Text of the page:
Get Over Yourself

You are an extra in life.

You know those countless extras you see in movies? Walking by a character on a street, getting thrown out a window by Jason Statham, running away from Godzilla, sipping coffee in Central Park… well, that’s you. Everyday, all day.

We’re all extras in everyone else lives. We serve and are served. When you’re driving down the highway and steal a second-long eye contact with the guy overtaking you, that’s probably the only appearance you’ll ever exchange. The only role you’ve both played is that of just another car on the highway. Nothing more nothing less. What does this mean for us?

Sing away world

Melissa McCarthy & Jason Bateman In Identity Thief. Source: Universal Pictures

Well it means we need to tame the evolutionary trait of anxiety. You know the feeling, you’re watching an embarrassing video on YouTube and feel awkward for the person; or you’re singing to yourself in the car and someone pulls up and you abruptly stop. Well sing away world.That person most likely doesn’t care, will not care and will not remember. Unless you are Brad-Pitt-famous in which case, this article doesn’t apply to you.

This evolutionary trait, designed to protect us from wild animals and other dangers, is now doing more harm than good. We stop ourselves from taking chances in fear of societal embarrassment. What will they think? What will they say? How will that make me feel? We’re all sitting around thinking about what everyone else is thinking about us when no one really is. You’re an extra.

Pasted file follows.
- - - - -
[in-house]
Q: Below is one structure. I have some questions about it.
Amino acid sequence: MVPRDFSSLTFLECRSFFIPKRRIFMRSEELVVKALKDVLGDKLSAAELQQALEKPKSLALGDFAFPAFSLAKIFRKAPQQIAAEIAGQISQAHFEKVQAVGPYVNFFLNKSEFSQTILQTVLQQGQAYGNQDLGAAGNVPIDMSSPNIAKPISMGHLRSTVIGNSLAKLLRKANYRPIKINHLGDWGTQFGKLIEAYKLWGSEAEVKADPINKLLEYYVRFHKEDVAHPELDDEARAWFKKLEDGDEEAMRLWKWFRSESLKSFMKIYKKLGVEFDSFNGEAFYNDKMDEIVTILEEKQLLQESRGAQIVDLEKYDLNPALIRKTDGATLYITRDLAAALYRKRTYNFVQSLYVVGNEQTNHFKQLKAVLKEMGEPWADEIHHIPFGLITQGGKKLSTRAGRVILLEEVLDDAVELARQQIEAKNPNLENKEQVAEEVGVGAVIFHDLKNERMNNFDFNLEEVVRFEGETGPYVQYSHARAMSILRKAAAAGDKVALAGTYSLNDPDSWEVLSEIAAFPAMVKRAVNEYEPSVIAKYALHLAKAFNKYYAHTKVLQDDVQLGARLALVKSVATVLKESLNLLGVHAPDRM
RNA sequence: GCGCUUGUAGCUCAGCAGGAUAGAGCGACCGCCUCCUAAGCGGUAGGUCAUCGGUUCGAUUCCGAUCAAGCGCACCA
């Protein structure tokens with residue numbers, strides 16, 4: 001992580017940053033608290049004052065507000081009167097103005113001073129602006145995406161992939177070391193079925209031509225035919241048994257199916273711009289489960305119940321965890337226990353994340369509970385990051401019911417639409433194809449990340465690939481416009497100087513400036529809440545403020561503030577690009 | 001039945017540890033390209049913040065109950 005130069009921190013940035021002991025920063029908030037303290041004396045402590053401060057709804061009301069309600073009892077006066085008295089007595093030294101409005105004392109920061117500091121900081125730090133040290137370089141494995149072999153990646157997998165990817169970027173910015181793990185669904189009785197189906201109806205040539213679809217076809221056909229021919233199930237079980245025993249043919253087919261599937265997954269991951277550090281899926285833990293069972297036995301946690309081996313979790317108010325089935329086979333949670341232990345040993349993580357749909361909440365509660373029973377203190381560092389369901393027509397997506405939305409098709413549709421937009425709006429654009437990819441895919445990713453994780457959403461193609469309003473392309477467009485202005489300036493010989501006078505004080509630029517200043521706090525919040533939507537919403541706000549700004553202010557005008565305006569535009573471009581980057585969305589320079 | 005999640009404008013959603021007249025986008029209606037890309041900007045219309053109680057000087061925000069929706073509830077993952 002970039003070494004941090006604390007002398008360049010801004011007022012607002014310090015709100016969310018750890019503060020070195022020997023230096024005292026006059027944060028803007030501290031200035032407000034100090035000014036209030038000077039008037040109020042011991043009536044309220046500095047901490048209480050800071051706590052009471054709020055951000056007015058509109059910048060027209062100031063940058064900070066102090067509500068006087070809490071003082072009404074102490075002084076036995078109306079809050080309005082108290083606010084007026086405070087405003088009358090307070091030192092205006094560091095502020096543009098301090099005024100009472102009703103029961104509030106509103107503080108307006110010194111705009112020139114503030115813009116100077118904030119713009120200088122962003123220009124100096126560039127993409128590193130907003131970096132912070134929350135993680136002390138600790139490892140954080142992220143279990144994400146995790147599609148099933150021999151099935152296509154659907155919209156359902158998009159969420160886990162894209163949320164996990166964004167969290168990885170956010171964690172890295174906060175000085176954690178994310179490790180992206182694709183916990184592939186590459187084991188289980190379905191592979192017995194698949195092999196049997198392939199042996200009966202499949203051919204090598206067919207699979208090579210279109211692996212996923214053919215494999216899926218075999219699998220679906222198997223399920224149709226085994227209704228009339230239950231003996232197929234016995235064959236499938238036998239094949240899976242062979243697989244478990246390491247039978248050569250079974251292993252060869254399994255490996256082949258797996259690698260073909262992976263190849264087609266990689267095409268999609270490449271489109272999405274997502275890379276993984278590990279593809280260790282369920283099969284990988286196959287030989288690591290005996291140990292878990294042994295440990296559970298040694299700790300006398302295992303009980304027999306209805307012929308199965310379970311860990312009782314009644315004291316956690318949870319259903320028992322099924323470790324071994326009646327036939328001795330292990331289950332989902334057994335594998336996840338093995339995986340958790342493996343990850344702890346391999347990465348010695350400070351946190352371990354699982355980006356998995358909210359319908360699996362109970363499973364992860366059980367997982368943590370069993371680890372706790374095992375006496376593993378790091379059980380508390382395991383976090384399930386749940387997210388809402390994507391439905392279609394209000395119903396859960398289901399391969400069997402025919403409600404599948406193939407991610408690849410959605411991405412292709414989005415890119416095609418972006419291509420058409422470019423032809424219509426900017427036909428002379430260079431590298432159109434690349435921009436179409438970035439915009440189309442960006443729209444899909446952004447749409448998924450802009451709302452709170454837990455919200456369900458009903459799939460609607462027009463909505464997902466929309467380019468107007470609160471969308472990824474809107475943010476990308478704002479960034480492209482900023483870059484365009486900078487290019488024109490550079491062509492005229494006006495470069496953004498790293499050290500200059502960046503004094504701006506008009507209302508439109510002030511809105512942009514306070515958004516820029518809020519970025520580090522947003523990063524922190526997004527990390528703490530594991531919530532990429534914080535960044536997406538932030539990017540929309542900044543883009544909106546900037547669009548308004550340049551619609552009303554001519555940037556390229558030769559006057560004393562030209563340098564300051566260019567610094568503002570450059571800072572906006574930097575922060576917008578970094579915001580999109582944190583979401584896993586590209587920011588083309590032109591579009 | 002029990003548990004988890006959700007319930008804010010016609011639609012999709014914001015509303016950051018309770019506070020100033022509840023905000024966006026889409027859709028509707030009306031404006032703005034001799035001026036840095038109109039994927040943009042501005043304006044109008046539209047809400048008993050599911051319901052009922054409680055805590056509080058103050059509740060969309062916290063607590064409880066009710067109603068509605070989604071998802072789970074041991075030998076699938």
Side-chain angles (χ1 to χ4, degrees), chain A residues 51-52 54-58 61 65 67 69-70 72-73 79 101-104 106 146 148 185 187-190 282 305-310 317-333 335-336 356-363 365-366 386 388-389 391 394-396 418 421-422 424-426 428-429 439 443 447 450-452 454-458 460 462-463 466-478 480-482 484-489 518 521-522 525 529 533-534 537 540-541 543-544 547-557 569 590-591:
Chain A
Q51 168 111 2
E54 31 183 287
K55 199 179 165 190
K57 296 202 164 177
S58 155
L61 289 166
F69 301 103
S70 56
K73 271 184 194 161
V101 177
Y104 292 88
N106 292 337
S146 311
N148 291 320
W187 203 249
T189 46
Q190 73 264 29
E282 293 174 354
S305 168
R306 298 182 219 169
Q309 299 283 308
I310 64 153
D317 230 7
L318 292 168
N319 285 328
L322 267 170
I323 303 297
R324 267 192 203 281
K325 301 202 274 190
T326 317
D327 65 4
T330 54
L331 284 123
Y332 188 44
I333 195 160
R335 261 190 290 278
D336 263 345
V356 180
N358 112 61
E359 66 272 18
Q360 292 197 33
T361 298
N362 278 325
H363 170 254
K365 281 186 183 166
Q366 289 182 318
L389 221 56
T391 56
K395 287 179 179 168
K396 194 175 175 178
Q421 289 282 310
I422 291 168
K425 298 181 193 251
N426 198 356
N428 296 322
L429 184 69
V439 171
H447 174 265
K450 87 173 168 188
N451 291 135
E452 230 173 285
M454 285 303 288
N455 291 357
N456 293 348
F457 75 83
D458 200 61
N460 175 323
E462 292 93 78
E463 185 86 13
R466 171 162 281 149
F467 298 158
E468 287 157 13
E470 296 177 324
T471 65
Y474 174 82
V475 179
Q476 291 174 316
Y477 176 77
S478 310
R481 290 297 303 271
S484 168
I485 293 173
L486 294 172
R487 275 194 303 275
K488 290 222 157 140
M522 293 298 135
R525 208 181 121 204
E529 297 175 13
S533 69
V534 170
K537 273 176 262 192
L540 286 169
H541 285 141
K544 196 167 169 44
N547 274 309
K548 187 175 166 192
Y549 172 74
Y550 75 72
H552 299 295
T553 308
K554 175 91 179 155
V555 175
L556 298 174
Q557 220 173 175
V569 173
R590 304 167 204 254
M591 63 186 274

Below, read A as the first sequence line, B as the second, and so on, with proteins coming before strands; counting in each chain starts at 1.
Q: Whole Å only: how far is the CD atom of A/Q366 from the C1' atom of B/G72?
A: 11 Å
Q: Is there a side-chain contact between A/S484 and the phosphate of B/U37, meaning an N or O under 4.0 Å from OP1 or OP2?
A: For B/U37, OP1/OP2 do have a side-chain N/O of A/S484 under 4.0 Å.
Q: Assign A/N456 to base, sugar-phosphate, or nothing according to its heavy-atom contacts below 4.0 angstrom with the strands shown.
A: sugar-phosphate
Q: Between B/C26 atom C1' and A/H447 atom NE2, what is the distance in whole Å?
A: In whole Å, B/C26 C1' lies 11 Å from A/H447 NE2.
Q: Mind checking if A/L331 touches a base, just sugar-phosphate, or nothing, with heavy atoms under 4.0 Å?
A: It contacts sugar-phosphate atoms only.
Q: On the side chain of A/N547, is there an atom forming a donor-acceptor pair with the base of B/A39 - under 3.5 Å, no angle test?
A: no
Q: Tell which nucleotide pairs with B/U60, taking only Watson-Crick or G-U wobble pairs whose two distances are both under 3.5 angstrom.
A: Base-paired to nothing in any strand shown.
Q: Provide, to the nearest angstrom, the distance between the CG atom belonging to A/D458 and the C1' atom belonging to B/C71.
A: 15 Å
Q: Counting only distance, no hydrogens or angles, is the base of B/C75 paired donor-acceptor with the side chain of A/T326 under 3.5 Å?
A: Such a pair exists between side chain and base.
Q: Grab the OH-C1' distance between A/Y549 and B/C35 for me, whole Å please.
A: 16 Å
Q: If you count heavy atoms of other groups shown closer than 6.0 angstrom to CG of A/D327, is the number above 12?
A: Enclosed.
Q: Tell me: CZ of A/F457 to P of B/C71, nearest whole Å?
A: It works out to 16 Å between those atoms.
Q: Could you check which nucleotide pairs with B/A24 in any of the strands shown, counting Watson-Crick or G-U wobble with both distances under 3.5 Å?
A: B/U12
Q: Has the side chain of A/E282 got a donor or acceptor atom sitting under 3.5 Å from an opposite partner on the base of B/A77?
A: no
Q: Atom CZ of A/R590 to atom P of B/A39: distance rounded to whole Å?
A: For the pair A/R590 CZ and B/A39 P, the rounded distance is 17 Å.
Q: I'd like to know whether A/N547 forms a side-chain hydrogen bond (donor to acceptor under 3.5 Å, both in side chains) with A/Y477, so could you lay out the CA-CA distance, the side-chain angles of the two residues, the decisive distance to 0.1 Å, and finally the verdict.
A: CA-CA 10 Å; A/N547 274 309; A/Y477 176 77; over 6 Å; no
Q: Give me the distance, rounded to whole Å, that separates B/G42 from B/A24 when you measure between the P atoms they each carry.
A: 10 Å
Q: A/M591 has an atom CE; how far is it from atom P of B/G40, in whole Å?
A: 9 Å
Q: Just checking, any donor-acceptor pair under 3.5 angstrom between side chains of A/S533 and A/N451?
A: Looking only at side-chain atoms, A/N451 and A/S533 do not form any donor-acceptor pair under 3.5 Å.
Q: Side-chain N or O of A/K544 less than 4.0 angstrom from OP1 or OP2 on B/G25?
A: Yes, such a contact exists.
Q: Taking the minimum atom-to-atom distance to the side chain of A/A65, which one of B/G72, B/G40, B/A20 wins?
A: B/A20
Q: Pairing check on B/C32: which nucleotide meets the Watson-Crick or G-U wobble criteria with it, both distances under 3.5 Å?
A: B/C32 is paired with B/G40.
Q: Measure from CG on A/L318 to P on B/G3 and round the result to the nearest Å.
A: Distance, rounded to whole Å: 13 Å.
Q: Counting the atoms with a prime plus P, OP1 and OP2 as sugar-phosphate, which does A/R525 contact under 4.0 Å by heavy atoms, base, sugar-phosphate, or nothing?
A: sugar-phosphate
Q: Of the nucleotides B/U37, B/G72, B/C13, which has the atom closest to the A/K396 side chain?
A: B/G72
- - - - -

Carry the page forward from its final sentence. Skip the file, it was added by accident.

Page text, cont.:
Expert of… self

The science behind this is best explained by Nicholas Epley, Professor of Behavioral Science at the University of Chicago. Epley says that we assume that people notice every little flaw or difference in ourselves whereas they don’t. We’re experts on ourselves and experts notice things novices don’t.

“If you’re an expert physicist for instance, you can notice all kinds of small minute details that nobody else can notice. If you’re an expert mathematician, you can look at a formula and notice all of its intricacies in a way that a novice can’t. The same thing is true with yourself.” — Nicholas Epley

In short, all the tiny details you know about yourself and stress over, most people will never notice. And that’s because, similarly, they’re also preoccupied with, you guessed it: themselves and their own tiny details.


The outdated evolutionary trait of anxiety and shame prevents us from exploring new ideas and thinking as well as viewing and transforming the world. We fear exclusion. So the next time you get nervous to do something or try something new just remember, no one really cares and if you fail miserably (“Success is a lousy teacher. It seduces smart people into thinking they can’t lose” — Bill Gates) no one will notice.

Even if they do, they’ll almost always soon forget, especially when they turn to self examine, even if its just that new pimple that showed up threatening to derail there Snapchat selfie of the day. In short be selfishly yourself.